Posted in Em

10 Ways to Overcome Procrastination

If you ask the successful folks in your life how they manage to avoid that awful feeling of procrastination they will most likely respond, “I don’t!” In a study done by Cal Newman (author of How to Become a Straight-A Student: The Unconventional Strategies Real College Students Use to Score High While Studying Less), he discovered that the most successful students had no strategy for avoiding the feeling of procrastination. Instead, they had found ways to keep going anyway. This post will give you 10 creative ways to work through the mind-numbing sludge commonly known as Procrastination.

One: Ask yourself HOW TO do something not HOW TO AVOID IT

Let’s face it. Finding a reason to avoid writing that paper is way easier than breaking down the paper into doable steps. Don’t make a list of every thing else you have to do – make a list of how to accomplish this task. An example of this is when I wake up late for class. My immediate reaction is “Why even go? I don’t have time to eat first and my hair is a mess” and so on and so on. I fight that thought process with this one, “How fast can I brush my teeth? I can take the stairs today instead of the elevator to save time!” It takes energy for either one, but the second kind doesn’t usually come naturally. The more you start implementing “how can I get this done” instead of “how can I avoid this” the faster you’ll see your life become crazy productive and satisfying.

Two: Get a Planner That Works for You

There are a million kinds of planners out there (trust me, I went through every single office supply store to find the perfect one) and there are just as many different personalities and lifestyles. Finding the one that works for you can be challenging and even a bit frustrating, but having everything you need to do laid out will make it easier to stick through the boring times. If you can’t find a planner that fits your life, you can always try making a bullet journal. They’re all the rage right now and I’m really enjoying making mine exactly what I need it to be. I’ll post more on that once I get in the groove.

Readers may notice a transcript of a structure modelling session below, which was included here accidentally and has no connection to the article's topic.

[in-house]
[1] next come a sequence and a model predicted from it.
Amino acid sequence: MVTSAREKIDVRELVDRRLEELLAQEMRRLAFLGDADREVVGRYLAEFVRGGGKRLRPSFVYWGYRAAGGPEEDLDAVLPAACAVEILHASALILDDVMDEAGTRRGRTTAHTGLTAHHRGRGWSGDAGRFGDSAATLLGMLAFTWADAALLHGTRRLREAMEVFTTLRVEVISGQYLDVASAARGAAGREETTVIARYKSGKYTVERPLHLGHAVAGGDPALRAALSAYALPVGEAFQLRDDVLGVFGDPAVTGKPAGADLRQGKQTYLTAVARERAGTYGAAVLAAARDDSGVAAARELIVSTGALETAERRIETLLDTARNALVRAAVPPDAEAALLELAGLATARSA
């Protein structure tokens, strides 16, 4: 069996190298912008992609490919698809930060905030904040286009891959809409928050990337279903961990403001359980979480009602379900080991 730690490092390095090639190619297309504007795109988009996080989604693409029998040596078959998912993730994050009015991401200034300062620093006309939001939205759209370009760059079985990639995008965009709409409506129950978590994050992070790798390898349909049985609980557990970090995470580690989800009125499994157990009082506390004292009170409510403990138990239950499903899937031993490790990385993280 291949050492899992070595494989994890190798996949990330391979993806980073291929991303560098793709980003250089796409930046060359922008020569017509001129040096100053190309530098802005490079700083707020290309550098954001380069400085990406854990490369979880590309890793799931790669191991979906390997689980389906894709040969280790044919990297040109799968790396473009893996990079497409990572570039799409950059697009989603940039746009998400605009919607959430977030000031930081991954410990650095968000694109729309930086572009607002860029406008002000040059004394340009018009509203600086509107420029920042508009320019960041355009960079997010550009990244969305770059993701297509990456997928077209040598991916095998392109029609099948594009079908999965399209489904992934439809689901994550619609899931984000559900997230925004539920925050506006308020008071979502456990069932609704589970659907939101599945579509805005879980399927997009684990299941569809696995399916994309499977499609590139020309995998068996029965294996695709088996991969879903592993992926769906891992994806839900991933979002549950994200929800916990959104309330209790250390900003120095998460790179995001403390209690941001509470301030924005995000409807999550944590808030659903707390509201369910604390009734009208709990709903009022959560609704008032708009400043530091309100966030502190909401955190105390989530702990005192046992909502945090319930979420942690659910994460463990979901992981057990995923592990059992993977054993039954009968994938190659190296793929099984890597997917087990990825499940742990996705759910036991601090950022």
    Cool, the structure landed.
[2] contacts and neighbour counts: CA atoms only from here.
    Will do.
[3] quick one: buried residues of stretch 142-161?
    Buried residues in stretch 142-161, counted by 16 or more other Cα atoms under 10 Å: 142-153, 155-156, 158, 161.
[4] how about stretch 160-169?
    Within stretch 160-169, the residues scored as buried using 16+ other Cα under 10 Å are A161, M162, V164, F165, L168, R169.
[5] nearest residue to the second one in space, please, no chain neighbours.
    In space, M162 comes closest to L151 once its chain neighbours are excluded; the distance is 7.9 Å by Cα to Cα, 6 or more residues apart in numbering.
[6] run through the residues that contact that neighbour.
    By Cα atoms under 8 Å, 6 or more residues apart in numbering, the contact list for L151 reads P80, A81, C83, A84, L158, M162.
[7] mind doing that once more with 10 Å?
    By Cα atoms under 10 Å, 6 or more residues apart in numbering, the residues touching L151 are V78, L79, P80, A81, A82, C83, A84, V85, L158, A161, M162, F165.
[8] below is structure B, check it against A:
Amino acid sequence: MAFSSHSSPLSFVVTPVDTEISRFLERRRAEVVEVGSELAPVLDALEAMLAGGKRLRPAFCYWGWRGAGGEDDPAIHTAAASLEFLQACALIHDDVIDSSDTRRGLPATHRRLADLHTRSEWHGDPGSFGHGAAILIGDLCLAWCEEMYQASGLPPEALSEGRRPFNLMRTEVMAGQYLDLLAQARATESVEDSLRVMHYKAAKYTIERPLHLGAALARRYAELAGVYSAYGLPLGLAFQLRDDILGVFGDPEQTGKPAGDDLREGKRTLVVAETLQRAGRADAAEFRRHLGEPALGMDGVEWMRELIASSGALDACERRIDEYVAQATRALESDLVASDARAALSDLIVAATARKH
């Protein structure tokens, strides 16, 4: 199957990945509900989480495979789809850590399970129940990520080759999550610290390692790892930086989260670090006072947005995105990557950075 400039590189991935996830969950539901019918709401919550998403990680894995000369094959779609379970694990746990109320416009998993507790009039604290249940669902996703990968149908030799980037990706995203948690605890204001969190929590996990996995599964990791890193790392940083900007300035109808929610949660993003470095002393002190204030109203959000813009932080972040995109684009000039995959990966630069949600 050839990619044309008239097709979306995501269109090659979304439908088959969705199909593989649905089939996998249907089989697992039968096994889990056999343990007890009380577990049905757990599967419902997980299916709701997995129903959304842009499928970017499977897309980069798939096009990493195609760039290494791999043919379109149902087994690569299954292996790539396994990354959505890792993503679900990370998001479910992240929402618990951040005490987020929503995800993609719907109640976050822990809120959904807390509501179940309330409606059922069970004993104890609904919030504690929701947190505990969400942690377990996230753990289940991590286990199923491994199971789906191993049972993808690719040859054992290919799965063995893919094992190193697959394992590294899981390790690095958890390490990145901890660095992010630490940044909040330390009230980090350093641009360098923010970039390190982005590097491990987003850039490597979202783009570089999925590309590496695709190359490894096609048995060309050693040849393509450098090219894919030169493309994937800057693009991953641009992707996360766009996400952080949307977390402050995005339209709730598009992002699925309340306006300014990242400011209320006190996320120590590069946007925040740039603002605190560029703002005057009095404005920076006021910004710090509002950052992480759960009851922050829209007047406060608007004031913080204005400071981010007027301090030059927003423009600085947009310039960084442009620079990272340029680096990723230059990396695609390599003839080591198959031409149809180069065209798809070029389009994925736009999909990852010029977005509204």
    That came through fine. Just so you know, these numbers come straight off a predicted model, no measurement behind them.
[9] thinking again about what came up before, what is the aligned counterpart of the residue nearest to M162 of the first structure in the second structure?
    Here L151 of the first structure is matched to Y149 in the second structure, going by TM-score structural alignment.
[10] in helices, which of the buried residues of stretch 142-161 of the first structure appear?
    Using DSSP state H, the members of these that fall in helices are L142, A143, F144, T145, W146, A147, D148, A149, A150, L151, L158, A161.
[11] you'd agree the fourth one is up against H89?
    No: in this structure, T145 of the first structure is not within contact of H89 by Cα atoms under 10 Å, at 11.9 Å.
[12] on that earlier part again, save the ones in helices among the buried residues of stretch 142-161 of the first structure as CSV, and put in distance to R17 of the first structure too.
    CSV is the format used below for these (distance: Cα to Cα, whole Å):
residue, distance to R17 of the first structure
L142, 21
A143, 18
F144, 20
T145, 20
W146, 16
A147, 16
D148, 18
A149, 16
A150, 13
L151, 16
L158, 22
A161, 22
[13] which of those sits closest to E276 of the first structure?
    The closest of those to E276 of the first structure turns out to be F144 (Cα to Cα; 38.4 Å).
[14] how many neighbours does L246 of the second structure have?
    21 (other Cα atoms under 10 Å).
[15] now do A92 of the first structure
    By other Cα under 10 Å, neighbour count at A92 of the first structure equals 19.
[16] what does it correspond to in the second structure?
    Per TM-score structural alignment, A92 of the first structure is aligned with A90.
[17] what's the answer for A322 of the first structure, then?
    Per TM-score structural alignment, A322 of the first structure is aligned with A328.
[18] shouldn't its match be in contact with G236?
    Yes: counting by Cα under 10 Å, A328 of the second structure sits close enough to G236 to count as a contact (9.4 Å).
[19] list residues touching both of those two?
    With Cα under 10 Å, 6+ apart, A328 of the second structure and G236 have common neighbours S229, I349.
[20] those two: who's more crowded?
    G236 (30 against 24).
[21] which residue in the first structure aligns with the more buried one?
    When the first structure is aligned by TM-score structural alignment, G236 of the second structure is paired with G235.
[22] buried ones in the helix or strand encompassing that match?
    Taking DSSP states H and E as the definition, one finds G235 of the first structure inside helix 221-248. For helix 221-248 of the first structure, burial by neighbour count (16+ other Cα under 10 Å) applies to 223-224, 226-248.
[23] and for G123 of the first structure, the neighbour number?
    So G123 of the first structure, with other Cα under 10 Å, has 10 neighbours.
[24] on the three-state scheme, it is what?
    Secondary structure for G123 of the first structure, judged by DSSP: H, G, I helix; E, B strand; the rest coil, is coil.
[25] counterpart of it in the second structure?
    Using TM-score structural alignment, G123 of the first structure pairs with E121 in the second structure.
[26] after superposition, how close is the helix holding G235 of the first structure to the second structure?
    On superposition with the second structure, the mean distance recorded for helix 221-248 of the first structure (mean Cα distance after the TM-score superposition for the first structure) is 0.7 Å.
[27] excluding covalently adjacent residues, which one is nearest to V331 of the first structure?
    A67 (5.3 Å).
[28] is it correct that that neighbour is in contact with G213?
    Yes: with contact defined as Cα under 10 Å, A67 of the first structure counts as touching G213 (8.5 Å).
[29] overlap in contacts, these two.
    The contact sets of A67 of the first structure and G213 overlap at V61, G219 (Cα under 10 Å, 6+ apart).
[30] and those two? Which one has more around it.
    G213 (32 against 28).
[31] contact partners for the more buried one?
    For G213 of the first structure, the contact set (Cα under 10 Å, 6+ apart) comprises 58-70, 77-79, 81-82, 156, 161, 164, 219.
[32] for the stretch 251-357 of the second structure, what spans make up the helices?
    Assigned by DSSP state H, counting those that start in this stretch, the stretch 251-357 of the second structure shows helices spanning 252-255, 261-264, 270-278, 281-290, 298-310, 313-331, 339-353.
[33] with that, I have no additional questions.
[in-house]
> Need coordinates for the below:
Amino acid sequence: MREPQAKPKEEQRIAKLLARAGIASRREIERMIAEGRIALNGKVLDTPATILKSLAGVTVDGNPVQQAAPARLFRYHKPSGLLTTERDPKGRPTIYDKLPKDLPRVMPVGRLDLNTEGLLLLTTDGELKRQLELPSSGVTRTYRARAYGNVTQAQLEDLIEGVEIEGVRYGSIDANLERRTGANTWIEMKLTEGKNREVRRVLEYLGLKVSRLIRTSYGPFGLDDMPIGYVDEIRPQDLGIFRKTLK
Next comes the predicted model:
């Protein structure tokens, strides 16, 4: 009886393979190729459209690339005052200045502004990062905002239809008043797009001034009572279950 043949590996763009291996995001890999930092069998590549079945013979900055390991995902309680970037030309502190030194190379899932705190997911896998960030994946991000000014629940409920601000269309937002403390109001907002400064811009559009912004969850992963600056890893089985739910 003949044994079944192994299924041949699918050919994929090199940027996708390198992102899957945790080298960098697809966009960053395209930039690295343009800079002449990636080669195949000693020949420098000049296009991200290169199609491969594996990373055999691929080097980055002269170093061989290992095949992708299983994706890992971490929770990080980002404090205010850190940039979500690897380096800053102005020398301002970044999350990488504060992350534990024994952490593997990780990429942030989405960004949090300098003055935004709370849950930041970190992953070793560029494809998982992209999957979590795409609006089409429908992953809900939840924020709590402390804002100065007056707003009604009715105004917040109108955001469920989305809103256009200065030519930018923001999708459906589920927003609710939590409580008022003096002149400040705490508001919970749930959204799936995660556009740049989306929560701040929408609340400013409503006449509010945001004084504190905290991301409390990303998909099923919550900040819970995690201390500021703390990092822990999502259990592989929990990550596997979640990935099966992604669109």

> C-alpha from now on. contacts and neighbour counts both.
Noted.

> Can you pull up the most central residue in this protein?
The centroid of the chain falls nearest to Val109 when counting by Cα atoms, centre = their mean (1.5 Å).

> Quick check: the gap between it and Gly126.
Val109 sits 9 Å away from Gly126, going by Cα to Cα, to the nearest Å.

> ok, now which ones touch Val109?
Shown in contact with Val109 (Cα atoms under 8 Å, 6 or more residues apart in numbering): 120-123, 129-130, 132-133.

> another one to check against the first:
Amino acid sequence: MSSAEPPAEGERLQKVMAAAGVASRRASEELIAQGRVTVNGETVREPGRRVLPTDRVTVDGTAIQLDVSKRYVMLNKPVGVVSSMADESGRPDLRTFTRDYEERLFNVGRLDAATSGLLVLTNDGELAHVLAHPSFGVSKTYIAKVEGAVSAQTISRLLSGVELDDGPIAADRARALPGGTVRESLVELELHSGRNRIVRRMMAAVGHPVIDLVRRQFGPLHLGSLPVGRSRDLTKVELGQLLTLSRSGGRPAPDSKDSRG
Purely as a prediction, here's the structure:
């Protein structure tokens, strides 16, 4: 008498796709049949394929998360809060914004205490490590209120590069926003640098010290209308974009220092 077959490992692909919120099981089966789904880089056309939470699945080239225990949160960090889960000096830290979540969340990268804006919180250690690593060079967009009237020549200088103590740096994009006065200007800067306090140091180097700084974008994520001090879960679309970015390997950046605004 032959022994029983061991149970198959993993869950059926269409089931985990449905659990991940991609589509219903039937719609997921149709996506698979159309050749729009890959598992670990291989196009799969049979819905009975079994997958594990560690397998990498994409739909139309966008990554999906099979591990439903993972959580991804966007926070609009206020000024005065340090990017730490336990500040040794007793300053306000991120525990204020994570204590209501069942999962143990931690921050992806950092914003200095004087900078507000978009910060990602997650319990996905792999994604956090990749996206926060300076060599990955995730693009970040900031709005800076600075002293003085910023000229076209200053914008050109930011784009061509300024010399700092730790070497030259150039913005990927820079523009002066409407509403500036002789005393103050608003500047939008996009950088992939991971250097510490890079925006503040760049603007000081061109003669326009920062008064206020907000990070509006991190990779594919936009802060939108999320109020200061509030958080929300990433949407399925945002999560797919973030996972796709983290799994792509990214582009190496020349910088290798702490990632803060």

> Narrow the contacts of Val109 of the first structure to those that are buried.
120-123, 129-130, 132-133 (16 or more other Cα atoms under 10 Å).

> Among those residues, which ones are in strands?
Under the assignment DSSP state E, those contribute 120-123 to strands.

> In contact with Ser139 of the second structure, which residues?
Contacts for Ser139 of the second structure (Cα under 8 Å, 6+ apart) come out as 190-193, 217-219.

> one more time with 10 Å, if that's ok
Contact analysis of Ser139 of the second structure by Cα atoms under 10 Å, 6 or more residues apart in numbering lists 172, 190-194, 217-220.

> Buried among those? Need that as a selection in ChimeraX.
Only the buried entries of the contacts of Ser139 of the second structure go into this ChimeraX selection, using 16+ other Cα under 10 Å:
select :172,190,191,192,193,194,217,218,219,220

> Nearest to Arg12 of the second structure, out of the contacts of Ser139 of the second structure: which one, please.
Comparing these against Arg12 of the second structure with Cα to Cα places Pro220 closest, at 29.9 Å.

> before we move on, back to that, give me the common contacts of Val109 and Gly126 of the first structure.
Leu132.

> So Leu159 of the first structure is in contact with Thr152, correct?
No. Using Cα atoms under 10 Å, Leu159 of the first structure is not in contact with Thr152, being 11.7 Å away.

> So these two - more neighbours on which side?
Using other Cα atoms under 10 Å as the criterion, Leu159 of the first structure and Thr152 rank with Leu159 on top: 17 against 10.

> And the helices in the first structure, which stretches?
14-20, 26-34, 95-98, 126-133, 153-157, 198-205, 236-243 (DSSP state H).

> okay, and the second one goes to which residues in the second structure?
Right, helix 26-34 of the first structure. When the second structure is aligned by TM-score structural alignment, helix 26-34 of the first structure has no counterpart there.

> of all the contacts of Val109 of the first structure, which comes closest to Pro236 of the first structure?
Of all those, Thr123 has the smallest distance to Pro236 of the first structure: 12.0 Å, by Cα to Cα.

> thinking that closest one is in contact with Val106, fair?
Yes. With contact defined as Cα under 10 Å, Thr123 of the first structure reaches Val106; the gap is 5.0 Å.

Three: Keep Your Focus on Your End Goals

The planner is supposed to help you keep track of all the little things because you need to stay focused on what you’re really working on ultimately. An exam in a gen ed class may seem trivial but it is all part of you getting your degree and getting your degree is a huge step towards making your future what you want it to be. Remembering this can give you the courage to wade through the mucky busywork. Make a list of your big dreams and goals and maybe even post pictures that around your room or work space that remind you of them.

Four: Stop Being So Hard on Yourself

Perfectionism counts when you’re trying to put a man on the moon, but in day to day life it can be a crippling disease. It is an oppressive task master that takes the joy out of your work. One way to fight this urge is to set time limits on your work. Say, you have a ten page paper to write – break down each part into smaller tasks (finding sources, writing the intro, writing each argument in your body, writing the conclusion) and then limit each section. It helps to have an accountability partner who can make sure you’re not “cheating.” I find this particularly helpful when I have to do a take-home test. Without the structure of a in-class exam I have been known to spend hours upon hours writing an essay exam that was only meant to take 75 minutes. So go get a buddy and a timer and get started!

Five: Schedule Time for Yourself